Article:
From a great resource on P2P infrastructure, linked by @sleslie:
Freedom requires infrastructure.
A man who has no tools to acquire his necessities of life is a slave to his necessities. Given those tools, he becomes a slave to the labour required to fruitfully use them. Only by transcending each difficulty as it comes, in a process not dissimilar to metasystem transitions, can the individual achieve freedom.
Similarly, if at any point the individual becomes removed from the infrastructure that allows him any of the previous metasystem transitions, then he becomes a slave to those who control that infrastructure.
- Smari McCarthy, FCF Discussion, February 2011
When we are using an endless list of provided infrastructure, magical clouds, startup services, and things we can’t possibly have any individual control over, how is our freedom impaired?
>Of course, the same society now said to be undergoing a computer revolution has long since gotten used to “revolutions” in laundry detergents, underarm deodorants, floor waxes, and other consumer products. Exhausted in Madison Avenue advertising slogans, the image had lost much of its punch.
– Langdon Winner. The Whale and the Reactor. 1986.
>”Appropriate technologists were unwilling to face squarely the facts of organized social and political power. Fascinated by dreams of a spontaneous, grass-roots revolution, they avoided any deep-seeking analysis of the institutions that control the direction of technological and economic development. In this happy self-confidence they did not bother to devise strategies that might have helped them overcome obvious sources of resistance. The same judgement that Marx and Engels passed on the utopians of the nineteenth century apply just as well to the appropriate technologists of the 1970s: they were lovely visionaries, naive about the forces that contained them.”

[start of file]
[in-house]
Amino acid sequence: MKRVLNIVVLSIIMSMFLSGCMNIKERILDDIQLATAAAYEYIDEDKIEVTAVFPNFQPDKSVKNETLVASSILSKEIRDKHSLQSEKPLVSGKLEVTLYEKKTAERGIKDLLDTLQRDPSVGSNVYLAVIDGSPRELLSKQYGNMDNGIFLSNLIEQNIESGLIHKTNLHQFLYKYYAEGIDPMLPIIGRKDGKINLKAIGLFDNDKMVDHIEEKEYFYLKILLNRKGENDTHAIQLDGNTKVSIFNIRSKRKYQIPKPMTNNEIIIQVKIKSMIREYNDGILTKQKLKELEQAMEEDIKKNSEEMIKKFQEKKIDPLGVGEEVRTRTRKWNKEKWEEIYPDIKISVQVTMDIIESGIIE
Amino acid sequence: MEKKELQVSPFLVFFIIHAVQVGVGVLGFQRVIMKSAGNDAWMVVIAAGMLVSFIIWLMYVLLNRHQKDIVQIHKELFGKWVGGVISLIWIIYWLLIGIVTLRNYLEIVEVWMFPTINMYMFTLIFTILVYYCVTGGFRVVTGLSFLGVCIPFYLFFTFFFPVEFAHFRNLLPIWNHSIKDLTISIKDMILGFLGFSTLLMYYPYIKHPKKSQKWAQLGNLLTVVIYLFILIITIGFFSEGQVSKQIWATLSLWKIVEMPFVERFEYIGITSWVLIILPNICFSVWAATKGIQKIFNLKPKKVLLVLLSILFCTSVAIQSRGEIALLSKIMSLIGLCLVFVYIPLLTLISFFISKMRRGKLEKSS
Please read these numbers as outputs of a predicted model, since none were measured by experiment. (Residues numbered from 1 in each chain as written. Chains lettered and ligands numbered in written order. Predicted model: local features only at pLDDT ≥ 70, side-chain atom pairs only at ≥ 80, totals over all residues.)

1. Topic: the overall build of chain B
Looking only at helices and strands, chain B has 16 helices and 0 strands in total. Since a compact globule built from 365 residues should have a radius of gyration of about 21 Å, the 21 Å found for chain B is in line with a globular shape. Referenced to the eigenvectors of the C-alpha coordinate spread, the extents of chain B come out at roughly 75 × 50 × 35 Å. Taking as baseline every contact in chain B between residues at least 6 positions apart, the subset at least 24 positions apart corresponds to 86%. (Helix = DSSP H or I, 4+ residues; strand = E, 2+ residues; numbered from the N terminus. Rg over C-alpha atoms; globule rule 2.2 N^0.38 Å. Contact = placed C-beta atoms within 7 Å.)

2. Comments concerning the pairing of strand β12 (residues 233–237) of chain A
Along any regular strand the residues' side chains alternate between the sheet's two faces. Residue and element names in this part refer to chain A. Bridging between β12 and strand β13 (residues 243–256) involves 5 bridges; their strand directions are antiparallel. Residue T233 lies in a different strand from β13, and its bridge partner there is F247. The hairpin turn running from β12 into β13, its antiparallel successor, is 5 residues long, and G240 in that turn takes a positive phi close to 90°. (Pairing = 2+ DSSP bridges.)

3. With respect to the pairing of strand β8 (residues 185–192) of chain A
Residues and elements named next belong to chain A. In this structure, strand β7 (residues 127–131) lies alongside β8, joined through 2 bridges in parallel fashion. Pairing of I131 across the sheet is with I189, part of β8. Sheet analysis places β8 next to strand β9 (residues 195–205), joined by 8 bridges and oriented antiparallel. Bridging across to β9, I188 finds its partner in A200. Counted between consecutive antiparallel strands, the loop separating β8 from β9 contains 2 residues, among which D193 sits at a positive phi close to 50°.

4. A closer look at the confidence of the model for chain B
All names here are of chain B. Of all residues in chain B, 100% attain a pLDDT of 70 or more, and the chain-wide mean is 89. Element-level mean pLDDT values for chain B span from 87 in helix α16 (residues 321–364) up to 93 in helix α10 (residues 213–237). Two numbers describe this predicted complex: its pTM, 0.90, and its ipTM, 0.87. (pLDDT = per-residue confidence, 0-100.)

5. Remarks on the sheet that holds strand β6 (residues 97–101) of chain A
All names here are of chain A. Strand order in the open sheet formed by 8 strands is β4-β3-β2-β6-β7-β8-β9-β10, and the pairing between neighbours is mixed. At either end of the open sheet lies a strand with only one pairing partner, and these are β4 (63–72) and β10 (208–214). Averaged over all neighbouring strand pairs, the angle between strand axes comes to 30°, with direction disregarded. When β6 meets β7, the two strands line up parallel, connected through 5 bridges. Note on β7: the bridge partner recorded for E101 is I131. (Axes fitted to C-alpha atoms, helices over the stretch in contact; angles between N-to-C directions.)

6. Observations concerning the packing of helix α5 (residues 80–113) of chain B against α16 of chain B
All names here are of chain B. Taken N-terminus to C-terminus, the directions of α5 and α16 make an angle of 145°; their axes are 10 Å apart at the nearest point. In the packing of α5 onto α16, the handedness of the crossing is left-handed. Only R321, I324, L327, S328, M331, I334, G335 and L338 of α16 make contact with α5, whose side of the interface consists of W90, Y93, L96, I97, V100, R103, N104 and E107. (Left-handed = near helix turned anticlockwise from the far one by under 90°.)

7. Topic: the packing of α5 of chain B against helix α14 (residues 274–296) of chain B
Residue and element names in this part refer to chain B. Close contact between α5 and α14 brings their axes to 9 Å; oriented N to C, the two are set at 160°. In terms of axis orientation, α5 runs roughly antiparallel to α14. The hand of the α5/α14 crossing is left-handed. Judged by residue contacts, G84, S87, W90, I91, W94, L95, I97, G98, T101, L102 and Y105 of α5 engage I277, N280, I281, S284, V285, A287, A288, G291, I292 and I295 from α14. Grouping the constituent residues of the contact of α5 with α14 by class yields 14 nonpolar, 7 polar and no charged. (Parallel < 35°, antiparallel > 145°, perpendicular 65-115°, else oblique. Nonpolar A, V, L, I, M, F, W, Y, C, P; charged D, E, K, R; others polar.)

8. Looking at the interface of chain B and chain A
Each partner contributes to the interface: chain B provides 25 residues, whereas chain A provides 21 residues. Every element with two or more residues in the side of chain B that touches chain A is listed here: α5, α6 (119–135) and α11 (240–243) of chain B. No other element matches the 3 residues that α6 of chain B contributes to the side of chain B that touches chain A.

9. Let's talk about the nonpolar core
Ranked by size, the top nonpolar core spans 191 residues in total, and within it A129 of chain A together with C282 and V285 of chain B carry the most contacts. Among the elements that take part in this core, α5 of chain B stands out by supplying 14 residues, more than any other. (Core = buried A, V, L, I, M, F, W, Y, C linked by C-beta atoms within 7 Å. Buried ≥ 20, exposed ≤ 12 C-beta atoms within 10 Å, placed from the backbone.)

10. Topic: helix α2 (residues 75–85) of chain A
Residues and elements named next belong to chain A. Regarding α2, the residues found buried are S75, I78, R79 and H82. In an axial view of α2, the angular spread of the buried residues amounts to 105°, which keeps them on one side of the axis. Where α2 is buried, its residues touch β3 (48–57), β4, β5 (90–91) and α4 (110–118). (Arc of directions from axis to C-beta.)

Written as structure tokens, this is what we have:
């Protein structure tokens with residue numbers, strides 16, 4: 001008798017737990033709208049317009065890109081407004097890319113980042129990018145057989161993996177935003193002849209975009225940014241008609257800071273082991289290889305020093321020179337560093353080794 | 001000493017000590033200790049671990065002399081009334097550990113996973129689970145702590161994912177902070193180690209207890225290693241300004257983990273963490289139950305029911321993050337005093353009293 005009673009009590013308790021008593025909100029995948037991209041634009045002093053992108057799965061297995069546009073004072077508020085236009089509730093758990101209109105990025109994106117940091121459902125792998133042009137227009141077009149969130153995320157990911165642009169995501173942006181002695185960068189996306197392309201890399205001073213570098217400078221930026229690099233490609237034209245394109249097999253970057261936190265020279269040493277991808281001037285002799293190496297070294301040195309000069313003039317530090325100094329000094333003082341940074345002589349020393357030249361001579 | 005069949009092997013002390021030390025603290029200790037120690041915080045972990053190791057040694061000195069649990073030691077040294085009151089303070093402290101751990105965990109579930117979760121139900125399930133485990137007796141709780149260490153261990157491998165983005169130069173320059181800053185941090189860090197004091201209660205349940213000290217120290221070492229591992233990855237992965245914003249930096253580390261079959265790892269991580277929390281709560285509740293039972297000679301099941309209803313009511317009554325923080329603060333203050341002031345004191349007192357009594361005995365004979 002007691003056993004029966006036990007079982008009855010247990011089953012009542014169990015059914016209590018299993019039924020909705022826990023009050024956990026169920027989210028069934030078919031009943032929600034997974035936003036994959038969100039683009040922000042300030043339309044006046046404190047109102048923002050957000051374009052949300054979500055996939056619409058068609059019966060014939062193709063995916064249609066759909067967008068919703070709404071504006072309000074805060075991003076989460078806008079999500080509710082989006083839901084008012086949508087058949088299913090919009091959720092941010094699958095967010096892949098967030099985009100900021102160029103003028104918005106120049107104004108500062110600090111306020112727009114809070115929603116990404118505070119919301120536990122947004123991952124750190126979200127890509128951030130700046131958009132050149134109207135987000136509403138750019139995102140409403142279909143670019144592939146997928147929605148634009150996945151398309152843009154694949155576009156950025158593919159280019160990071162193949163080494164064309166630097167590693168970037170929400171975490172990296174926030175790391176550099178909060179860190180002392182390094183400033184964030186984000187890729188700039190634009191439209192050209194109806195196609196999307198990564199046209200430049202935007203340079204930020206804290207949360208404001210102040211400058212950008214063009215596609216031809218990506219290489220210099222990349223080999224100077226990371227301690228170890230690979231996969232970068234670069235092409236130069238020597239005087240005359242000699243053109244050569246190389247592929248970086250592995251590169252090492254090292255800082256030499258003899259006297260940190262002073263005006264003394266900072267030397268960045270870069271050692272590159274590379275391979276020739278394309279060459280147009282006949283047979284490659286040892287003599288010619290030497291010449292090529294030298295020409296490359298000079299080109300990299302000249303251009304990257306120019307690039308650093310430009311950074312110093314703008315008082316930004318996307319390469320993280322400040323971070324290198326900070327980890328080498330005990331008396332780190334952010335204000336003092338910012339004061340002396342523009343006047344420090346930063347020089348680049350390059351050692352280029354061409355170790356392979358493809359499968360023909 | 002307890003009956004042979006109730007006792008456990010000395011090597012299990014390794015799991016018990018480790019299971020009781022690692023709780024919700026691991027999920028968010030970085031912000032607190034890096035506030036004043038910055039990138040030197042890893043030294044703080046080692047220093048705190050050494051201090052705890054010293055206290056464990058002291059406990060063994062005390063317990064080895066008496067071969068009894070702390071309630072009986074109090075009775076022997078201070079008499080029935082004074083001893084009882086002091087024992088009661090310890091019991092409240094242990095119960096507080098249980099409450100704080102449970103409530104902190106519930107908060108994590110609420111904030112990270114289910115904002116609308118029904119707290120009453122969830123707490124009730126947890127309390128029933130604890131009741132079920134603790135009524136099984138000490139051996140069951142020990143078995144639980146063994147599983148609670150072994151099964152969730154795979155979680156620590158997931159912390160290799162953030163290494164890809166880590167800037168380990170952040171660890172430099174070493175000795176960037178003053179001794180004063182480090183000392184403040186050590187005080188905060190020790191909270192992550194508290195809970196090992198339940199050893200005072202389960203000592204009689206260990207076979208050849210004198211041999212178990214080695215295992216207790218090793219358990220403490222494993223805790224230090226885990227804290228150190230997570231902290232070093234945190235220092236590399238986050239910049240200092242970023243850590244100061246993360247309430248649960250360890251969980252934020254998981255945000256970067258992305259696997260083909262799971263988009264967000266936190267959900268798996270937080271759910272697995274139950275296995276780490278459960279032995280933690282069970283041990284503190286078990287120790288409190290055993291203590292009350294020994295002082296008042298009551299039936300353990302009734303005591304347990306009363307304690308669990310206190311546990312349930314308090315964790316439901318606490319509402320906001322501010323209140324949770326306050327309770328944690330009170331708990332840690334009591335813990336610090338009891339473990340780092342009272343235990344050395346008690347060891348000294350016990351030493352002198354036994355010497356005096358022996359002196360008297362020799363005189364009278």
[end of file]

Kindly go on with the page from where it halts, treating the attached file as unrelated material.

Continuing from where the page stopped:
– Langdon Winner, The Whale and the Reactor. 1986.
Edupunks are modern-day Appropriate Technologists.How do we prevent the edupunk movement from following the same fate as the Appropriate Technology movement of the 70’s and 80’s?
**update**: My initial note relating the AT movement with Edupunk wasn’t really thought through, and seems to have
pissed offstruck a nerve with a few people. It definitely wasn’t meant as an insult or potshot or anything like that, but that phrase popped into my head as I read the passage. Maybe a better wording would have been as a question, as modified above…
>…the Empire of Mediocrity (is) successfully spreading its tentacles everywhere.
>Anthony Bourdain. Medium Raw.
This scares the shit out of me. This is why the media/communication landscape is shifting so rapidly. It’s the Empire of Mediocrity, not anything about information wanting to be free. The Market is speaking. It wants mediocrity. Blandness. Unthinking familiarity. It’s not about The Shallows or anything like that. It is about the selection and reinforcement of brainlessness by the masses.
All communication is like art. It may fairly be said, therefore, that any social arrangement that remains vitally social, or vitally shared, is educative to those who participate in it. Only when it becomes cast in a mold and runs in a routine way does it lose its educative power.
– John Dewey, Democracy and Education
I wonder what Dewey would have thought of the LMS…
Persons do not become a society by living in physical proximity, any more than a man ceases to be socially influenced by being so many feet or miles removed from others. A book or a letter may institute a more intimate association between human beings separated thousands of miles from each other than exists between dwellers under the same roof.
– John Dewey, 1916, Democracy and Education
The quote is almost 100 years old. I wonder what Dewey would have thought about the Internet, email, IM, blogs, and tweets…